Finger-playing guitar virtuoso Jon Gomm was the man who showed it’s possible for musicians to win the crowdfunding and digital media game. Now, he is on his way to Malta for a live performance. Interview by Ramona Depares.

Finger-playing guitar virtuoso Jon Gomm, initially made famous by a one-word tweet from actor and writer Stephen Fry, is flying over to Malta this week for an intimate live set at the Robert Samut Hall, in Floriana.

The musician is known for having shot to fame after Fry accompanied a link to Gomm’s video for the track Passionflower with a simple “wow”.

Since then, the video garnered over 15 million views, and the rest of Gomm’s works have followed suit.

Six years on, Gomm’s talent is recognised worldwide and he is considered to be one of very few artists who have reached global success while maintaining an independent label and retaining crowdfunding and digital marketing as his main source of funds for producing music.

Now, he is set to share his works with a select group of Maltese music-lovers and even musicians, with Malta’s own Alex Alden opening for him.

Ask your mother or other relatives to knit items for your fans. If you do not do this, you have failed as a musician

The concert has been made possible thanks to Tao Productions, considered the finger-playing guitar specialists and bringing to Malta some of the biggest names in guitar-playing, such as Tom Ross and Tommy Emmanuel.

Gomm himself had a pretty unorthodox childhood; his father, a music critic, would regularly host big names in the music industry for free, upon condition that before leaving they would give a guitar lesson to the young Gomm. He remembers hobnobbing with legends like BB King and Walter Trout as a child in Blackpool.

“I think it was weird for a lot of bands to have a little kid hanging around backstage, but they were mostly really nice. Walter Trout was my favourite, my hero. He once told me that when he pulls this angry grimace face on stage, it’s not because he’s feeling the music, it’s because he’s trying to fart so loud that it is audible over his amp. That is how you befriend a kid,” he says, a hint of a smile in his voice.

Being exposed to gigs and big names at a very early age left its mark, even on Gomm’s approach to music and to the industry itself.

“I guess it made me able to see performing as normal, being a musician as normal, and not unattainable. I would never go on X Factor or whatever the heck show is on TV at the moment,” he says, adding that for him being a musician is not about some one-time shot at glory.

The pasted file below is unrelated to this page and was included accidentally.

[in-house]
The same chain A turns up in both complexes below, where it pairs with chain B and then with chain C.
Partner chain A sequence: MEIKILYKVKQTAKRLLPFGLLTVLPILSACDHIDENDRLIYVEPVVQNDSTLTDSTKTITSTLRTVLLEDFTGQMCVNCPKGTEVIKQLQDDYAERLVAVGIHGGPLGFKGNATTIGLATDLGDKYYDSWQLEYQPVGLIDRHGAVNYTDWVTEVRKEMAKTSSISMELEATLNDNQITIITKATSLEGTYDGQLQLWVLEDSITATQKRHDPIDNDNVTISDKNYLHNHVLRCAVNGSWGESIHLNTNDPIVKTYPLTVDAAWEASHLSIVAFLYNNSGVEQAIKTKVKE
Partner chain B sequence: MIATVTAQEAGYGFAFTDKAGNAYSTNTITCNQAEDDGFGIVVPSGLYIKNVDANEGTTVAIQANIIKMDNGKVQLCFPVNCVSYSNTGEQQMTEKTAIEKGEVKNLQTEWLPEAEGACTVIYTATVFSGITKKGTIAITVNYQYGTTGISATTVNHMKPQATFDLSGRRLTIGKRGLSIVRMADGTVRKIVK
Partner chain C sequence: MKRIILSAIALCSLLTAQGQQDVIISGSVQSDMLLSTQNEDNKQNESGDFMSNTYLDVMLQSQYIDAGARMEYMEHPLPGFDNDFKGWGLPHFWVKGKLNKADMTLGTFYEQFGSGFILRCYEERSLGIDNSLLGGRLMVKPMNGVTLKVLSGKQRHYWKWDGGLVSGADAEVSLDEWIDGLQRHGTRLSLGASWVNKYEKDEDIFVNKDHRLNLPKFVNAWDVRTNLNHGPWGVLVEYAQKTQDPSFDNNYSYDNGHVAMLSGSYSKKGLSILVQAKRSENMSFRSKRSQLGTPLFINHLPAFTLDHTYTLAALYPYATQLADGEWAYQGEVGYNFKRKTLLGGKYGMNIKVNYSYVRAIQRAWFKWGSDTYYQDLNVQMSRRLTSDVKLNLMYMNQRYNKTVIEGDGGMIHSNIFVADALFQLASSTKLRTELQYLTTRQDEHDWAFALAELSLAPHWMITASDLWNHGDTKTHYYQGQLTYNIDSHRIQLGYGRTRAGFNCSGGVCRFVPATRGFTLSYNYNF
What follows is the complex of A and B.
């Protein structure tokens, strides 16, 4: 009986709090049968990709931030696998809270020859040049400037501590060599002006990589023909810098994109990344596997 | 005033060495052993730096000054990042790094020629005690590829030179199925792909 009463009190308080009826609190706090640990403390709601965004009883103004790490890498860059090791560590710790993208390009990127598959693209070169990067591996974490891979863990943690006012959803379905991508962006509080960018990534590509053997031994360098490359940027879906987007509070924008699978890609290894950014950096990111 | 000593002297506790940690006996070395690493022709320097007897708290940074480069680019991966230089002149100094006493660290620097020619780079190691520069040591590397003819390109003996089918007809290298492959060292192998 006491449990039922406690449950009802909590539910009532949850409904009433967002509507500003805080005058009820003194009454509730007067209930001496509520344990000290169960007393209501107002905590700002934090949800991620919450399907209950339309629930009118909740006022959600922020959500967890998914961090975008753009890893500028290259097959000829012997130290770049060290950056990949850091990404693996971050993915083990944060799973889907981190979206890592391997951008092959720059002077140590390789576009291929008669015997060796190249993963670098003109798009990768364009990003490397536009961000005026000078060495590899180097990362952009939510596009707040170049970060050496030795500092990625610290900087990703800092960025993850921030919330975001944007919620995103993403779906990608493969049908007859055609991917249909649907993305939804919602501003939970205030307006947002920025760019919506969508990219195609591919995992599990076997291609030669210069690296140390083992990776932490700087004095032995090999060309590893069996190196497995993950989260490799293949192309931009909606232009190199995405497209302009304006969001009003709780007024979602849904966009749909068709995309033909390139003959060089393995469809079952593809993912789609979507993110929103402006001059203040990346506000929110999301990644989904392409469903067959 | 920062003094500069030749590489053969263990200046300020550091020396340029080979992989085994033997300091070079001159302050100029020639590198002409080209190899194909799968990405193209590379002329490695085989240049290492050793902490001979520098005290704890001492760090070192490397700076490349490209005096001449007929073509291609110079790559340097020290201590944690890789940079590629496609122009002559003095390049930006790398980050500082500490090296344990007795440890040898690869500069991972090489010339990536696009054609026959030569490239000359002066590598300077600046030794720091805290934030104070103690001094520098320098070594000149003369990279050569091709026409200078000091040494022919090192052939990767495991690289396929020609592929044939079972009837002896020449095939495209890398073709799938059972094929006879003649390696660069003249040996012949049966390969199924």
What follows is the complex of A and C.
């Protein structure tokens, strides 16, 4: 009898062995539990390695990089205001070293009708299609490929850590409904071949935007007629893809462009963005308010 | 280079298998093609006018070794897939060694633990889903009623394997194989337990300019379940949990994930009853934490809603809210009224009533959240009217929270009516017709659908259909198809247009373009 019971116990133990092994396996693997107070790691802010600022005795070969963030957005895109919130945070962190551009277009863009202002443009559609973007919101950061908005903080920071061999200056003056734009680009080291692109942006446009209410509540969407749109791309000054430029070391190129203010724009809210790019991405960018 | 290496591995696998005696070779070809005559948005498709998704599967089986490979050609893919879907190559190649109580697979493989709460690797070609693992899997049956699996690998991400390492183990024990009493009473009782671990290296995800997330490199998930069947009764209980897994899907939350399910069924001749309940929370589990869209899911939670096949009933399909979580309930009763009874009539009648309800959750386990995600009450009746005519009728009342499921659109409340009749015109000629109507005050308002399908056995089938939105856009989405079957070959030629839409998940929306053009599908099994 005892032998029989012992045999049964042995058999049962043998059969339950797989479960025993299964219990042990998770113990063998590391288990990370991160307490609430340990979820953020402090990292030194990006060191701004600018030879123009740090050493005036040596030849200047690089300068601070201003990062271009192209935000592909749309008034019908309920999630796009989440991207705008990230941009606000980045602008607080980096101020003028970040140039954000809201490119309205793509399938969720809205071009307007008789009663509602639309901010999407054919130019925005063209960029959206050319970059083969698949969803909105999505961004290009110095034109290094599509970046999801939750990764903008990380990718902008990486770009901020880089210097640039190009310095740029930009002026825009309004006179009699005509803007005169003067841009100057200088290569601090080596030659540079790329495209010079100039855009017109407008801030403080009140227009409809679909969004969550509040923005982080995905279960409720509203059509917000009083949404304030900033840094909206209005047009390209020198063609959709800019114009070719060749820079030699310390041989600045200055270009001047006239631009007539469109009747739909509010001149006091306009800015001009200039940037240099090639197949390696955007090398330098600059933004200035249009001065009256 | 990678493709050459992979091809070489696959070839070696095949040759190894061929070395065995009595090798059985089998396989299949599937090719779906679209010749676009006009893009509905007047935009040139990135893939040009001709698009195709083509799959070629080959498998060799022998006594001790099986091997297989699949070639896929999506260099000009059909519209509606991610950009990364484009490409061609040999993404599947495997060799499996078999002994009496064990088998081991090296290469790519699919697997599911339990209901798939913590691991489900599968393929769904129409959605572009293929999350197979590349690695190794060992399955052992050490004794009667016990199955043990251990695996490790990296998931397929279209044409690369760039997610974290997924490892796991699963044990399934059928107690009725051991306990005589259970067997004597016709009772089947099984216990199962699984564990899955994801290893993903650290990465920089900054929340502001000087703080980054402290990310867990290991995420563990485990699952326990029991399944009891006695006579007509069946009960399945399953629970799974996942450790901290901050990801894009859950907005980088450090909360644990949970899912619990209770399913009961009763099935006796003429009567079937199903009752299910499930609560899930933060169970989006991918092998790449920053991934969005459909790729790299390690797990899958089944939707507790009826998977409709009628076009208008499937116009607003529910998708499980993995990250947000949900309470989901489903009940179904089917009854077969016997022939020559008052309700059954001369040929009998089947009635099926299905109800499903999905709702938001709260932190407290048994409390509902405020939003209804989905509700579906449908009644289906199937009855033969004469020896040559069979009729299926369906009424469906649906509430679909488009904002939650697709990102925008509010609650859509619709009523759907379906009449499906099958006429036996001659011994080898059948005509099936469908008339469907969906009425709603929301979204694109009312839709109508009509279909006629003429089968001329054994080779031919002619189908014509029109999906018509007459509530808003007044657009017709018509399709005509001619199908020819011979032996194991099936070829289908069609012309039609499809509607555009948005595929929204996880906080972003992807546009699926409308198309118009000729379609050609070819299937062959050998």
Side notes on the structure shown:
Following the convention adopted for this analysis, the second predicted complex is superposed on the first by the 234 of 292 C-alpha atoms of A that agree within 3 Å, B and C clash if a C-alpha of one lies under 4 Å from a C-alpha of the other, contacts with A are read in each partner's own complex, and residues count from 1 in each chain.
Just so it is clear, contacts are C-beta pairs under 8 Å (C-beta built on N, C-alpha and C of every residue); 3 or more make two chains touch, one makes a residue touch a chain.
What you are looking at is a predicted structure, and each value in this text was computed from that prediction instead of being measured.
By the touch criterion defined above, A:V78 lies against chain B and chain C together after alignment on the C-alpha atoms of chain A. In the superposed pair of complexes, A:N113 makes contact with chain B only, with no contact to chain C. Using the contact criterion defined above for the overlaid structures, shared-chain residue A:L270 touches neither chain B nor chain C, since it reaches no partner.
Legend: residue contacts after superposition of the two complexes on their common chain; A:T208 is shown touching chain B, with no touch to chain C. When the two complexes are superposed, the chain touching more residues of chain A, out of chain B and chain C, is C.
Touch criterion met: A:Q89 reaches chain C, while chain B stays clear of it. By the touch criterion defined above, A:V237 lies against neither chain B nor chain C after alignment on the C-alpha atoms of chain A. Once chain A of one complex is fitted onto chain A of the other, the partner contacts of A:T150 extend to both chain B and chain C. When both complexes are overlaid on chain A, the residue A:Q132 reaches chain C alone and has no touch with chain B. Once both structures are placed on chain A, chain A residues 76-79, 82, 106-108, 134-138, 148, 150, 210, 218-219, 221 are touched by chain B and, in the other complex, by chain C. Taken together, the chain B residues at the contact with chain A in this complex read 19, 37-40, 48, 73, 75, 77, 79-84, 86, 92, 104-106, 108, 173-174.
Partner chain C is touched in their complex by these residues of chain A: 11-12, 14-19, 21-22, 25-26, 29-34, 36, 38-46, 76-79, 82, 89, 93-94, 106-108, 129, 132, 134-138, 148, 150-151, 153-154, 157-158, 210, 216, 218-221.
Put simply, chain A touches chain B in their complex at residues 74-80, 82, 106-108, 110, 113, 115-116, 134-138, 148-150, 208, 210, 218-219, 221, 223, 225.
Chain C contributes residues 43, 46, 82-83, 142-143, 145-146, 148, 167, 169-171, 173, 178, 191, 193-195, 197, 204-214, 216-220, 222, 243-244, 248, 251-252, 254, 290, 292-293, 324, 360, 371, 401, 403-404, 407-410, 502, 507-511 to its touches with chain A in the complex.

“That’s a stupid narrative. You can be a professional musician and never be on TV. My childhood made me understand that music is about connecting with people in a place or in a song or a solo, and that’s it. It doesn’t matter how many people,” he explains.

This is reflected in the way Gomm has insisted on maintaining his status as an independent artist, even through all these years.

“I think I did it because I actually didn’t want to have any success. I was frightened of success. So, I hid from it. The industry is cruel from the artists’ perspective, in that it is made up largely of rejection. Sadly, I failed in my bid to avoid any success whatsoever,” he says sardonically.

And, despite the unexpected tweet that put his career on a different path all those years ago, Gomm is very careful to keep his feet on the ground.

“It’s not that I pulled this off. I tried and tried to use the digital medium to get my music out there and then I had a viral video. I didn’t do it. I guess I could say I built up a grass roots audience, by performing live endlessly which I basically adore, and that gave me a critical mass,” he says.

However, he puts it more down to the simple act of people discovering an unknown bit of music, and sharing it with their friends.

“I say ‘just’ as if that’s nothing, when it was the best thing that ever happened to me in my life, except for the birth of my daughter.”

Crowd-funding is the corollary ‘necessary evil’ that follows the digital platform. His advice to musicians who are struggling to get it right is to be taken with a pinch of salt – or then again, maybe not.

“In terms of advice, ask your mother or other relatives to knit items for your fans. If you do not do this, then I’m sorry but you have failed as a musician.”

It is advice that fits in very well with Gomm’s ethos of viewing music as a way to connect people. Finally, I ask about his style of playing, known to be both technically-complex and physically tough.

“My songs are just really hard to play. I write really complex guitar parts, and they don’t let up very often. It’s quite full on in the complexity, with multiple things to pay attention to at once. And I’m singing too. So, it can be daunting,” he explains.

Musically and lyrically, his pieces are a reflection of whatever is going on in his life that he is finding hard to process.

“My inspiration comes from trying to express stuff that is hard to process emotionally, and putting it into music. And, when I can get on stage and play my new songs, I will be very happy indeed, because I will basically be able to share that emotional confusion with the world and hopefully they will understand and maybe help me understand,” the guitarist says.

And even as he prepares for his Malta concert, Gomm is working on a new record, a process with which he says he is “happy struggling”.

“If there’s no struggle, then what are you even doing?” he concludes.

Tickets to the event are available through

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